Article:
4 What is colonoscopy? Colonoscopy is a test similar to bowel scope screening. It checks further up your large bowel than bowel scope screening, and takes a longer time. Colonoscopy is done by a colonoscopy specialist (usually a nurse or doctor) at an NHS bowel cancer screening centre. It should take between 30 and 45 minutes, although the whole appointment may take around two hours. In colonoscopy, the specialist uses a thin flexible tube (a colonoscope) with a tiny camera on the end to look inside your bowel and remove any small growths called polyps. They also use the colonoscope to check the bowel for cancer that has already started. Can everybody have a colonoscopy? Some health problems mean that it might not be possible for you to have a colonoscopy. If this is the case, you will be offered another test instead. The other test will usually be a special type of bowel X-ray called a CT (computed tomographic) colonography. This is a way of checking your bowel for polyps or cancer without putting a colonoscope inside your bowel. If polyps are found during CT colonography, they cannot be removed straightaway. You would need to come back for another appointment to have them removed. 2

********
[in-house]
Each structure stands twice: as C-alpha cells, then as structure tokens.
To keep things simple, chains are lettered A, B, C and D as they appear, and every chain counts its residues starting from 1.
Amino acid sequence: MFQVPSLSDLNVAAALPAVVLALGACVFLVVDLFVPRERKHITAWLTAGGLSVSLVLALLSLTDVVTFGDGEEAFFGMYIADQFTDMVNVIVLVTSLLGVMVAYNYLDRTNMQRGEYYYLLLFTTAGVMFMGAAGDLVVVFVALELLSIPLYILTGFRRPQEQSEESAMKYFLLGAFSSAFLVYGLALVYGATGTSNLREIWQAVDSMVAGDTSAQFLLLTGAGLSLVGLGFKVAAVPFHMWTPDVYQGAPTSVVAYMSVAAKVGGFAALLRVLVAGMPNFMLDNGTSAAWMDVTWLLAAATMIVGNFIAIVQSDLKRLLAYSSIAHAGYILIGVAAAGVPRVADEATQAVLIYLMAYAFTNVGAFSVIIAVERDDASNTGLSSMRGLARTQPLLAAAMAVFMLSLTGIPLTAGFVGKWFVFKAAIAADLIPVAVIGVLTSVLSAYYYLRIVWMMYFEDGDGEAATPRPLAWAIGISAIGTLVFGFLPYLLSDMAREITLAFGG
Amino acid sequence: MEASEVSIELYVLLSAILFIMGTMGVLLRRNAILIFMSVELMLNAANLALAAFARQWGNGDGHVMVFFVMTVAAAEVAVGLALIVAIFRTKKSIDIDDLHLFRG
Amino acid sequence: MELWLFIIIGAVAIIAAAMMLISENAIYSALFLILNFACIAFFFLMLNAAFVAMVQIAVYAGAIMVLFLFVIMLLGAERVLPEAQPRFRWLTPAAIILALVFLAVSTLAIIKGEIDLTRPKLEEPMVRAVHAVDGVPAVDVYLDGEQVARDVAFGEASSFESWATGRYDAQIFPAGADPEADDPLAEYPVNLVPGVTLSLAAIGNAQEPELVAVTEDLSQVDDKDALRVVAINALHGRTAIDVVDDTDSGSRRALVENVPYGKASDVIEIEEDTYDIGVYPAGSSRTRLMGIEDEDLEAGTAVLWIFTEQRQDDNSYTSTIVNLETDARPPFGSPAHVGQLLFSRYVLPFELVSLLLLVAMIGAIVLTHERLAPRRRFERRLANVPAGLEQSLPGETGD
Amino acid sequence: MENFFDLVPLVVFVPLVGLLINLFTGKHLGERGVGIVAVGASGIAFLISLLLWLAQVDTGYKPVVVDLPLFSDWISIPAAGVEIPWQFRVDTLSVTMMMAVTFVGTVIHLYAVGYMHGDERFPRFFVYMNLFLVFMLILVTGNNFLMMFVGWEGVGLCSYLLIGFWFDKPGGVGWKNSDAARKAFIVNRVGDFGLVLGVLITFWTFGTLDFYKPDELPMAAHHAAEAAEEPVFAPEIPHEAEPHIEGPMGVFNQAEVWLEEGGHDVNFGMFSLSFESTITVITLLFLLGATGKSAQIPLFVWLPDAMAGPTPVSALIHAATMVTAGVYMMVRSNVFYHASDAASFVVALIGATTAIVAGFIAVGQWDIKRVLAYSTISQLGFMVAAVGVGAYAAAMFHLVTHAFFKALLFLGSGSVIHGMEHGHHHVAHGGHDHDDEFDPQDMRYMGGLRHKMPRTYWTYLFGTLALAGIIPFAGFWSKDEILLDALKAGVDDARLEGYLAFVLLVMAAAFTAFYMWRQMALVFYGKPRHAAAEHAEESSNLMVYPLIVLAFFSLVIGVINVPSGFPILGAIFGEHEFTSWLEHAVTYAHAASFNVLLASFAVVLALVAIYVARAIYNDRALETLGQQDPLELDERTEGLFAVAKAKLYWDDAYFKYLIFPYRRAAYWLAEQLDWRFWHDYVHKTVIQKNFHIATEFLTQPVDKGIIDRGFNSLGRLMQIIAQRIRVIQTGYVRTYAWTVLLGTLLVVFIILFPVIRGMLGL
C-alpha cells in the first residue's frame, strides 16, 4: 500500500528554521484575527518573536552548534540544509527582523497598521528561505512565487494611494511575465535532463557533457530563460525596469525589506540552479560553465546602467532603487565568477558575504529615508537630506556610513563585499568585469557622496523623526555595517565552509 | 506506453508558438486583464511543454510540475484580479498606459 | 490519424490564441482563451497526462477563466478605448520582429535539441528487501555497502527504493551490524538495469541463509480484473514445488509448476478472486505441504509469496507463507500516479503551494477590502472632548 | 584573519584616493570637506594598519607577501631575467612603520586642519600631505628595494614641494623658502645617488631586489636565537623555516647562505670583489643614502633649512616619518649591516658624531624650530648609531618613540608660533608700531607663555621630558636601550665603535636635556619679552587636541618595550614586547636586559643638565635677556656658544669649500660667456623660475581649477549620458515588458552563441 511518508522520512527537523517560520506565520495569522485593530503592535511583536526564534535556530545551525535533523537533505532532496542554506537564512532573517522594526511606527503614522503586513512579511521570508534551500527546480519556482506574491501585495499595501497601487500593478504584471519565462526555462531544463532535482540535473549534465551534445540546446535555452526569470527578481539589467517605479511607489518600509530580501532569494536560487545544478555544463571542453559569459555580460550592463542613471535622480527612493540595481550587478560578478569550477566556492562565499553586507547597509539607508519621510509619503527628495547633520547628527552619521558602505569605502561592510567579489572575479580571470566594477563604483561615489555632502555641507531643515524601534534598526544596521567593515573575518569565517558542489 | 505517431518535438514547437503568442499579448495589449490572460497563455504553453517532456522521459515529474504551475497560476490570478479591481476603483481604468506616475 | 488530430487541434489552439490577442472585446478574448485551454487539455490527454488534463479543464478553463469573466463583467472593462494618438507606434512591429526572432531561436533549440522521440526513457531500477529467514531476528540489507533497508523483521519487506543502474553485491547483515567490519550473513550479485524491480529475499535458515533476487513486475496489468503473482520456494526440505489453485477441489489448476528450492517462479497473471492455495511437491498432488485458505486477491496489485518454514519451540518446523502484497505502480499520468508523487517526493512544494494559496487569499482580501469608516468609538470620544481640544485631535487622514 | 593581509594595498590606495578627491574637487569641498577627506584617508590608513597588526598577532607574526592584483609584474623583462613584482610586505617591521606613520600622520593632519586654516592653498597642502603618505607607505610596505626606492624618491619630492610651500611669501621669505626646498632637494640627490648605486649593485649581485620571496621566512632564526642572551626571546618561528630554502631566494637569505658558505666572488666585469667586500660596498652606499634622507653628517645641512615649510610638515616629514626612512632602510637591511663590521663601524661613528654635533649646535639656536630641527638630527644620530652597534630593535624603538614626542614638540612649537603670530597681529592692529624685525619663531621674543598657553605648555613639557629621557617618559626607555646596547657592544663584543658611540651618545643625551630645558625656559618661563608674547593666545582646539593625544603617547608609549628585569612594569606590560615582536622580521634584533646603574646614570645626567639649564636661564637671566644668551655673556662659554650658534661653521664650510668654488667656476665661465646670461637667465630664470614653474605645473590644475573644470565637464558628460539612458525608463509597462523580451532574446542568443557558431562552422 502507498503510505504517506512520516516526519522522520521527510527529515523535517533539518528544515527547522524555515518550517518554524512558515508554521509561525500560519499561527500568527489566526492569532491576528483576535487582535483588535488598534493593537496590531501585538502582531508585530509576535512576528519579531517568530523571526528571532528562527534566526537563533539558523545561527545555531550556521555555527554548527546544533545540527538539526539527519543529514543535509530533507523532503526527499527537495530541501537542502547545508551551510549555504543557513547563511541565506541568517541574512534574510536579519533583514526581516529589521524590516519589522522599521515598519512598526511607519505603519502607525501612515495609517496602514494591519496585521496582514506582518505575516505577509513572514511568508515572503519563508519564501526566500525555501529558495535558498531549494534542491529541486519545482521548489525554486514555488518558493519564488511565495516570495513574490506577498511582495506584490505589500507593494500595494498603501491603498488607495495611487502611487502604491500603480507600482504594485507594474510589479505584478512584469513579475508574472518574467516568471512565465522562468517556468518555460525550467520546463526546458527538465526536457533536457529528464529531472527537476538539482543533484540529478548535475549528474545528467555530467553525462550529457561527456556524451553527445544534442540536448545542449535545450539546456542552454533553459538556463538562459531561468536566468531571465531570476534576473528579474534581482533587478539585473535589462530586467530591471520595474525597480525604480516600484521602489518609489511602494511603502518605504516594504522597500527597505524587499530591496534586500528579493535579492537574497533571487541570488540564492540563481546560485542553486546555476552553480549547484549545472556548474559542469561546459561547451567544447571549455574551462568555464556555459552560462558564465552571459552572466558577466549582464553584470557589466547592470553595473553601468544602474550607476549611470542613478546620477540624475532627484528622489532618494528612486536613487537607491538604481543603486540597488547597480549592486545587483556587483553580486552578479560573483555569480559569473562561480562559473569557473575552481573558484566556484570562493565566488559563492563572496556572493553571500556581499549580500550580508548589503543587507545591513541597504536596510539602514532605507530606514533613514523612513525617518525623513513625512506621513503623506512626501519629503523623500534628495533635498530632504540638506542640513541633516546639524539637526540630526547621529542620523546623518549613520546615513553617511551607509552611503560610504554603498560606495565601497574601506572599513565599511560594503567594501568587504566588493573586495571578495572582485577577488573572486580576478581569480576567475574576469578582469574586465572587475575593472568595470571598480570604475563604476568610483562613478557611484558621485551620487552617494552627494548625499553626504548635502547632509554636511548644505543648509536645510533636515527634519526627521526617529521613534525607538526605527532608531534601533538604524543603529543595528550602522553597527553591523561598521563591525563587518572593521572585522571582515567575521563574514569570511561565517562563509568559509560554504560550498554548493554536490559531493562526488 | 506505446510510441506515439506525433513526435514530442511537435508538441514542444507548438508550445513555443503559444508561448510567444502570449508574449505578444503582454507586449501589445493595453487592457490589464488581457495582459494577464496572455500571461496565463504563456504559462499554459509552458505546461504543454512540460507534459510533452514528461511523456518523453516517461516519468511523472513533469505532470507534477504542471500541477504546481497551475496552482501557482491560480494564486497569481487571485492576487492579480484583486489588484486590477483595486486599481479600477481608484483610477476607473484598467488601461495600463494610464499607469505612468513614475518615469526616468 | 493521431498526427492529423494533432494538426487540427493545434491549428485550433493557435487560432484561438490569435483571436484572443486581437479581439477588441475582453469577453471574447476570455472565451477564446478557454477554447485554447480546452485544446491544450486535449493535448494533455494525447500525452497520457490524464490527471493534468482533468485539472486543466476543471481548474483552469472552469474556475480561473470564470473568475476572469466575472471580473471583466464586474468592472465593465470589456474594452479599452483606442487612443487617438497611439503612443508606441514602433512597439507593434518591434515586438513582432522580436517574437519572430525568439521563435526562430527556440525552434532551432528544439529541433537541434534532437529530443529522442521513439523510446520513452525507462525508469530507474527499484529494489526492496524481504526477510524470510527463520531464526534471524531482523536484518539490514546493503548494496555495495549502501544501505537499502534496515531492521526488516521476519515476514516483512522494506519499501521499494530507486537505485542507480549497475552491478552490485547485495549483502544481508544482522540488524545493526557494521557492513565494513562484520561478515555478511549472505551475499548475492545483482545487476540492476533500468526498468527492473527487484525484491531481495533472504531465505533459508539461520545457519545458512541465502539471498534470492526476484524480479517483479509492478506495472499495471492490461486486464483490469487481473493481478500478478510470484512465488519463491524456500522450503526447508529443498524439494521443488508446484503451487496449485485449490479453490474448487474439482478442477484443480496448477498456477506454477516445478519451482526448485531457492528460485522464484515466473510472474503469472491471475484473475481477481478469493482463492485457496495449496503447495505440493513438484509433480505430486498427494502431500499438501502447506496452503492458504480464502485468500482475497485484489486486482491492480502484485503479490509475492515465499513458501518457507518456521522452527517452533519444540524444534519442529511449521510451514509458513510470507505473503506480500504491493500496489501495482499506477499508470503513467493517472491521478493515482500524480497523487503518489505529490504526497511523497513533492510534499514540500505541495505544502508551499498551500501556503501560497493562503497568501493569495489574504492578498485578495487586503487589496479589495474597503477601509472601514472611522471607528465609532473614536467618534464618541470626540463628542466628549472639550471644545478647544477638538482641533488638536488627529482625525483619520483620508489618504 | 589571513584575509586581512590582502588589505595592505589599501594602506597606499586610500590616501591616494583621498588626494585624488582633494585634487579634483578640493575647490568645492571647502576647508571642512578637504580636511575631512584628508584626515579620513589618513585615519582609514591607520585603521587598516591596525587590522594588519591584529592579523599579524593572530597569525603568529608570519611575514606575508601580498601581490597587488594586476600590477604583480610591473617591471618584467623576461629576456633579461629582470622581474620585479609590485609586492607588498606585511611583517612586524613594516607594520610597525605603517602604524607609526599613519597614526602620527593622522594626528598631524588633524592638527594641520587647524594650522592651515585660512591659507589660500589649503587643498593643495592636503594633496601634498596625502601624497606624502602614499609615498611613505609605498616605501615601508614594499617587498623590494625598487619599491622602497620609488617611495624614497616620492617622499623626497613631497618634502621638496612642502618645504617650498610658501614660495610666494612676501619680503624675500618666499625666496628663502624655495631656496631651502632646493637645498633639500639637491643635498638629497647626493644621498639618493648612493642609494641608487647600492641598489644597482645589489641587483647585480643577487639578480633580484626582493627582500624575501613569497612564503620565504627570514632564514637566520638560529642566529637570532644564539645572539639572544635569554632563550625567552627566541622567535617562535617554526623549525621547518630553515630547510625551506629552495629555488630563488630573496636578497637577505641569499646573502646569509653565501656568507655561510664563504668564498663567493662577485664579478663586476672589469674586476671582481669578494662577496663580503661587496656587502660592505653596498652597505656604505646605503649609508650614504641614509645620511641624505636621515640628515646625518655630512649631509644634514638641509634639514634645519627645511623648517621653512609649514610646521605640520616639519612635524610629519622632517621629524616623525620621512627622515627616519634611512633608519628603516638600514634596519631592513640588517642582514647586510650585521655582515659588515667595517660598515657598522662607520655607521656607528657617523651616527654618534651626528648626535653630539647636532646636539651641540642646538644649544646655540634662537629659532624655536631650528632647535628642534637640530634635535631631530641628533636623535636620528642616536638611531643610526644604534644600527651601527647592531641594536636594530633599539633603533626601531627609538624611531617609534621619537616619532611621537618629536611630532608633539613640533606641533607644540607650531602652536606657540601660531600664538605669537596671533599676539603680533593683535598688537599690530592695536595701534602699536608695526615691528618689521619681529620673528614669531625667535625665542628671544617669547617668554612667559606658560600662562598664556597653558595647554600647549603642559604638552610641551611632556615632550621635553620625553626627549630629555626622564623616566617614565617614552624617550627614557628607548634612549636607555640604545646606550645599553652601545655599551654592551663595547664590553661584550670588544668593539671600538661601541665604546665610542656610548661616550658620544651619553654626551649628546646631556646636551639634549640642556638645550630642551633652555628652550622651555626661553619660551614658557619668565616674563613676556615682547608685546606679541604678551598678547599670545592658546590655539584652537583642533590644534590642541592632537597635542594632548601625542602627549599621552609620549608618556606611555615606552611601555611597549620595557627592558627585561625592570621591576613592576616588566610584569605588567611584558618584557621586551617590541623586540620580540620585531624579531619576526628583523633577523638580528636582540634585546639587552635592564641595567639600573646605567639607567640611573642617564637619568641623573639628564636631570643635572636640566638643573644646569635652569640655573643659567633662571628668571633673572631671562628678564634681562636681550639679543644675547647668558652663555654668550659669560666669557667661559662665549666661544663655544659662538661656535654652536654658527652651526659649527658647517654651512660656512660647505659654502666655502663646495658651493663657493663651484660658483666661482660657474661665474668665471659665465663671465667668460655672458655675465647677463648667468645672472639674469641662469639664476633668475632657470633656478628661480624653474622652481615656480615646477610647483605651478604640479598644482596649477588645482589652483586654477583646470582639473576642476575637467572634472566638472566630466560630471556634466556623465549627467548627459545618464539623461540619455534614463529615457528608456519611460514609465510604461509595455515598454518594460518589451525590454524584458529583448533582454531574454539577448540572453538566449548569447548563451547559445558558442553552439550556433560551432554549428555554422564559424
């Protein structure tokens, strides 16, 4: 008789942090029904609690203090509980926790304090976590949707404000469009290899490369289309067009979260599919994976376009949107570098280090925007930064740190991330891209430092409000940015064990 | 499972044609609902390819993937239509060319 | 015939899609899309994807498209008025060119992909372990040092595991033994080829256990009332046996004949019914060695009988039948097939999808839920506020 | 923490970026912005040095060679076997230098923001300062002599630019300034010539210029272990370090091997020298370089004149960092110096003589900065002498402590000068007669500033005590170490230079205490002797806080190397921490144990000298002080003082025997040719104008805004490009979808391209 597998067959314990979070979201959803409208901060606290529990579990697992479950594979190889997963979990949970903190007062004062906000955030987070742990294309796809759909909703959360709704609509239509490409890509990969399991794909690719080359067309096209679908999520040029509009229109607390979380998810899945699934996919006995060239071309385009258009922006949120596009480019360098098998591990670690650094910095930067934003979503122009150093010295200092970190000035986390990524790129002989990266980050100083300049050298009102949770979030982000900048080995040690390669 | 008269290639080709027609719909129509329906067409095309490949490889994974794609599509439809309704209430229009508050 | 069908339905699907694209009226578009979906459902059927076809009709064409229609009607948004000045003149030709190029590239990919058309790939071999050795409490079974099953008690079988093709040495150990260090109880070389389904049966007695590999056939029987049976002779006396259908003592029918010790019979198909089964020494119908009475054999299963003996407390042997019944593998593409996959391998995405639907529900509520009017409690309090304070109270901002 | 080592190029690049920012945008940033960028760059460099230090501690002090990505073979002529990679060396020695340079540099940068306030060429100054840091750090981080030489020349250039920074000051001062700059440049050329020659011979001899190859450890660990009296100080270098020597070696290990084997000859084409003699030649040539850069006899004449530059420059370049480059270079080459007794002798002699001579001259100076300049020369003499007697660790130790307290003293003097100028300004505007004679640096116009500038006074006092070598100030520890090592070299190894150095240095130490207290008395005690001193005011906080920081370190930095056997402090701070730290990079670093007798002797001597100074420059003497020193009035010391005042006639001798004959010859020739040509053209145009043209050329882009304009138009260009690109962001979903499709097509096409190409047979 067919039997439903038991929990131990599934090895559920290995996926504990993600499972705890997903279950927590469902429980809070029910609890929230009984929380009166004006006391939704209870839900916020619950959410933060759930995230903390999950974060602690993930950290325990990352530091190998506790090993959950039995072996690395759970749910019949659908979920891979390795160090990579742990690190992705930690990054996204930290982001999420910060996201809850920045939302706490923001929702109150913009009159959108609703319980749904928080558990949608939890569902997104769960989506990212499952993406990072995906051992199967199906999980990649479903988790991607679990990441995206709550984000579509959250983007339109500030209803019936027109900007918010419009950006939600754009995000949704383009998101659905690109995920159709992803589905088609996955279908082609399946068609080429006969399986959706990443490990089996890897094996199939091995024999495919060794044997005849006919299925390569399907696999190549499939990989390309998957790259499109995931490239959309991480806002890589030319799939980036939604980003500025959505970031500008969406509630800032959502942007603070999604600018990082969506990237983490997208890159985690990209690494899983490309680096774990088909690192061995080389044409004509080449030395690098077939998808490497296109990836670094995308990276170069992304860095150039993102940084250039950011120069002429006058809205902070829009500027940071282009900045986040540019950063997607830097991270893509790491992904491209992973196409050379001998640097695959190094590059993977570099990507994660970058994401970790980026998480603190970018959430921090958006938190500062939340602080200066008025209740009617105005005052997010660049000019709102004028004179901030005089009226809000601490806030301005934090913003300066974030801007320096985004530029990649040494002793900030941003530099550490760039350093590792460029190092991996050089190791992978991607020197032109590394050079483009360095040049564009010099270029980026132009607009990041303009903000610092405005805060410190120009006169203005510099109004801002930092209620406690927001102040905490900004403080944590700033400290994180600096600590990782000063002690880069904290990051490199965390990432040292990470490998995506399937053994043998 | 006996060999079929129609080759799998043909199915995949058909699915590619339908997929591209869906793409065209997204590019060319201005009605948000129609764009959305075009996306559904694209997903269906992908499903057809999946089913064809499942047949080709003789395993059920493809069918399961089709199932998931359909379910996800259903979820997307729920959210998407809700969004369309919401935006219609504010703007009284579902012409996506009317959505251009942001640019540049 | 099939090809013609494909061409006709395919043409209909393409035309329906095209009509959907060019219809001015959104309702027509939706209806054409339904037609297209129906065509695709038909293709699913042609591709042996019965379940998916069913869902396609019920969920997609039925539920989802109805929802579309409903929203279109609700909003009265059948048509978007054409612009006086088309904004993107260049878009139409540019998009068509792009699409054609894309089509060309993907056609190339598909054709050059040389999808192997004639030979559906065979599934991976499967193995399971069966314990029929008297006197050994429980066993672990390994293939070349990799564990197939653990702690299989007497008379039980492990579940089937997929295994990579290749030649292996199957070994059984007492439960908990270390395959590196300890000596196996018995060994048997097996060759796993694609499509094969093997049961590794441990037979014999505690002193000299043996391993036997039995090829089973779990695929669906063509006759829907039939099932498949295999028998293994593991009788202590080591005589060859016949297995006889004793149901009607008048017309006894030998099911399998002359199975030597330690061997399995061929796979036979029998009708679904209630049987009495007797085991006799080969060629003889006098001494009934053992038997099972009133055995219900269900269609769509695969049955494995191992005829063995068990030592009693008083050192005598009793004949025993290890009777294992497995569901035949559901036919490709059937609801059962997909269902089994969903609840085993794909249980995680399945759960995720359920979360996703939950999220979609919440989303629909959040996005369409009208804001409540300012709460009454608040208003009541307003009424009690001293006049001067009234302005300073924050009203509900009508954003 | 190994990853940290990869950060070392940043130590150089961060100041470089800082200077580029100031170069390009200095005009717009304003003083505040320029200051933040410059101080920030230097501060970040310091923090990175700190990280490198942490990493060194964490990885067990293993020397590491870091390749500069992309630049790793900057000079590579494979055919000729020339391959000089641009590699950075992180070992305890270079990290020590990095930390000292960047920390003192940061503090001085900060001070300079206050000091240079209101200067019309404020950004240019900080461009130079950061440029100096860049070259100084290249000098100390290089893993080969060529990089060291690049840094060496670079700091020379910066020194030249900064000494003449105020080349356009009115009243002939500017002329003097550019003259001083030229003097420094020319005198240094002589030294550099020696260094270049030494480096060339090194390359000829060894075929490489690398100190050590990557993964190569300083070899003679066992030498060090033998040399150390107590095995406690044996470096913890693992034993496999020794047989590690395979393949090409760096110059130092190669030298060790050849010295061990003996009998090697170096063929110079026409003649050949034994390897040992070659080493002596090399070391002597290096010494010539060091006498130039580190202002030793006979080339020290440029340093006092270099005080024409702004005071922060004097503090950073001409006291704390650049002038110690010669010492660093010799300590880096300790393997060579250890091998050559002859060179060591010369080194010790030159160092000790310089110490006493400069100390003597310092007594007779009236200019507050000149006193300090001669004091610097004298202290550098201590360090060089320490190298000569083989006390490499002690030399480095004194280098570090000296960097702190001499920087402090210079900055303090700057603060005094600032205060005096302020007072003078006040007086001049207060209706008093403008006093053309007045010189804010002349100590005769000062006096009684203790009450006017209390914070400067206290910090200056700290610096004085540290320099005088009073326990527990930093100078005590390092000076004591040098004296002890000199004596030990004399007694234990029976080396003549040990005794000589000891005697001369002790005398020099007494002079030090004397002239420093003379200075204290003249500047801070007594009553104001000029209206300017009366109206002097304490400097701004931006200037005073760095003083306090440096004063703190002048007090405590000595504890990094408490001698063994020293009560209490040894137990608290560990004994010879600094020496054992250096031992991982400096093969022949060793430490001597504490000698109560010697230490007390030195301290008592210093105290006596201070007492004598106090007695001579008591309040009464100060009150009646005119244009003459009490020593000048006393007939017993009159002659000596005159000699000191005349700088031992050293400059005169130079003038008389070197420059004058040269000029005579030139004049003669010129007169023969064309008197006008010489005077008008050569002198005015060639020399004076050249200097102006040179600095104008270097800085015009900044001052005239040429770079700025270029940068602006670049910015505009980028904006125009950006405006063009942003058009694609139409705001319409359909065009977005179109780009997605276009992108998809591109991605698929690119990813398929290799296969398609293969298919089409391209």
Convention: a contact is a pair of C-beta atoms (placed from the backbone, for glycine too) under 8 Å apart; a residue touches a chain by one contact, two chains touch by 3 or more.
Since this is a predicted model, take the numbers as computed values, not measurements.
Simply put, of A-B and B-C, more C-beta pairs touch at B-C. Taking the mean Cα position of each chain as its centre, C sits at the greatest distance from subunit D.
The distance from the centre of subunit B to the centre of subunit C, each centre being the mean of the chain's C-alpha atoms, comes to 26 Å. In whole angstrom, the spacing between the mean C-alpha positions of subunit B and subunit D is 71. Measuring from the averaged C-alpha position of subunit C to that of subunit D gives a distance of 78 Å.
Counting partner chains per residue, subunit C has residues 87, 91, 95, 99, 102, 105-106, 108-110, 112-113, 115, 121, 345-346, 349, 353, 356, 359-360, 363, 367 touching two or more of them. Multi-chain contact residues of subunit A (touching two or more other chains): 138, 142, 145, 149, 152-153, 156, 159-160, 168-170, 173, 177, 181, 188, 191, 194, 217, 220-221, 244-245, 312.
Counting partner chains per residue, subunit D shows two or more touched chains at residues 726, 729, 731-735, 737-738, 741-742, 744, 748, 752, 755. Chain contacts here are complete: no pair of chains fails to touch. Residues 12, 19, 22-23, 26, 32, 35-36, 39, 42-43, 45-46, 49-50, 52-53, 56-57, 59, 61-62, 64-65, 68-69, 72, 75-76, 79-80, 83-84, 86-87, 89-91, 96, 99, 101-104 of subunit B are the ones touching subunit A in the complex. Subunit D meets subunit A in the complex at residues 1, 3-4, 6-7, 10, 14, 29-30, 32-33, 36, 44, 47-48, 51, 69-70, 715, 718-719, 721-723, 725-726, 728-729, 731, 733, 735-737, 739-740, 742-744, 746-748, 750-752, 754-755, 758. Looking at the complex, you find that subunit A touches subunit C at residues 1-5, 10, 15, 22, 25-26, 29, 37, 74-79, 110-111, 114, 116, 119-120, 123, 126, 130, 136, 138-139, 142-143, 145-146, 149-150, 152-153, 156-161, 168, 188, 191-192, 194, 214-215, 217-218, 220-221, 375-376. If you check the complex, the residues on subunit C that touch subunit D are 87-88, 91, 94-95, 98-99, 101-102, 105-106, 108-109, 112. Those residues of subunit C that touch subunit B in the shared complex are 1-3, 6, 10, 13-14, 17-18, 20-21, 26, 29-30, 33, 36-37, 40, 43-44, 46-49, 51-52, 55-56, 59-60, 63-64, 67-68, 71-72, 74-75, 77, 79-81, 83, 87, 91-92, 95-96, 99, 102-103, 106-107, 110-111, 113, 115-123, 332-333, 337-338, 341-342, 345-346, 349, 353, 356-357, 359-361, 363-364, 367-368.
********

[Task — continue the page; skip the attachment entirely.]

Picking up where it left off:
5 What does colonoscopy involve? Before having a colonoscopy, you will be offered a sedative. This is usually given as an injection into a vein in your arm. It is to make the colonoscopy more comfortable and to make you more relaxed. The colonoscopy specialist then puts the colonoscope (thin flexible tube) into your large bowel through your anus and looks inside using the tiny camera. After putting the colonoscope into your bowel, they will gently pump some carbon dioxide gas inside. This opens up the large bowel so they can see the lining of your bowel clearly. If they find any polyps, they usually remove them straightaway using a tiny wire loop passed through the colonoscope. The colonoscopy specialist may also take a tiny piece of the inside of your bowel (a biopsy) to look at under a microscope. What will happen if I choose to have a colonoscopy? Before your colonoscopy, you will be invited for an appointment with a Specialist Screening Practitioner (usually a nurse) to talk about having a colonoscopy. They will: check that colonoscopy is right for you explain what having a colonoscopy is like and the possible benefits and risks, and listen to any concerns and answer any questions you may have about colonoscopy. The Specialist Screening Practitioner will give you instructions on how to prepare for colonoscopy. They will also give you a medicine to clear your bowel (a strong laxative) to take the day before your colonoscopy. The bowel needs to be clear so that it can be seen properly during the colonoscopy. 3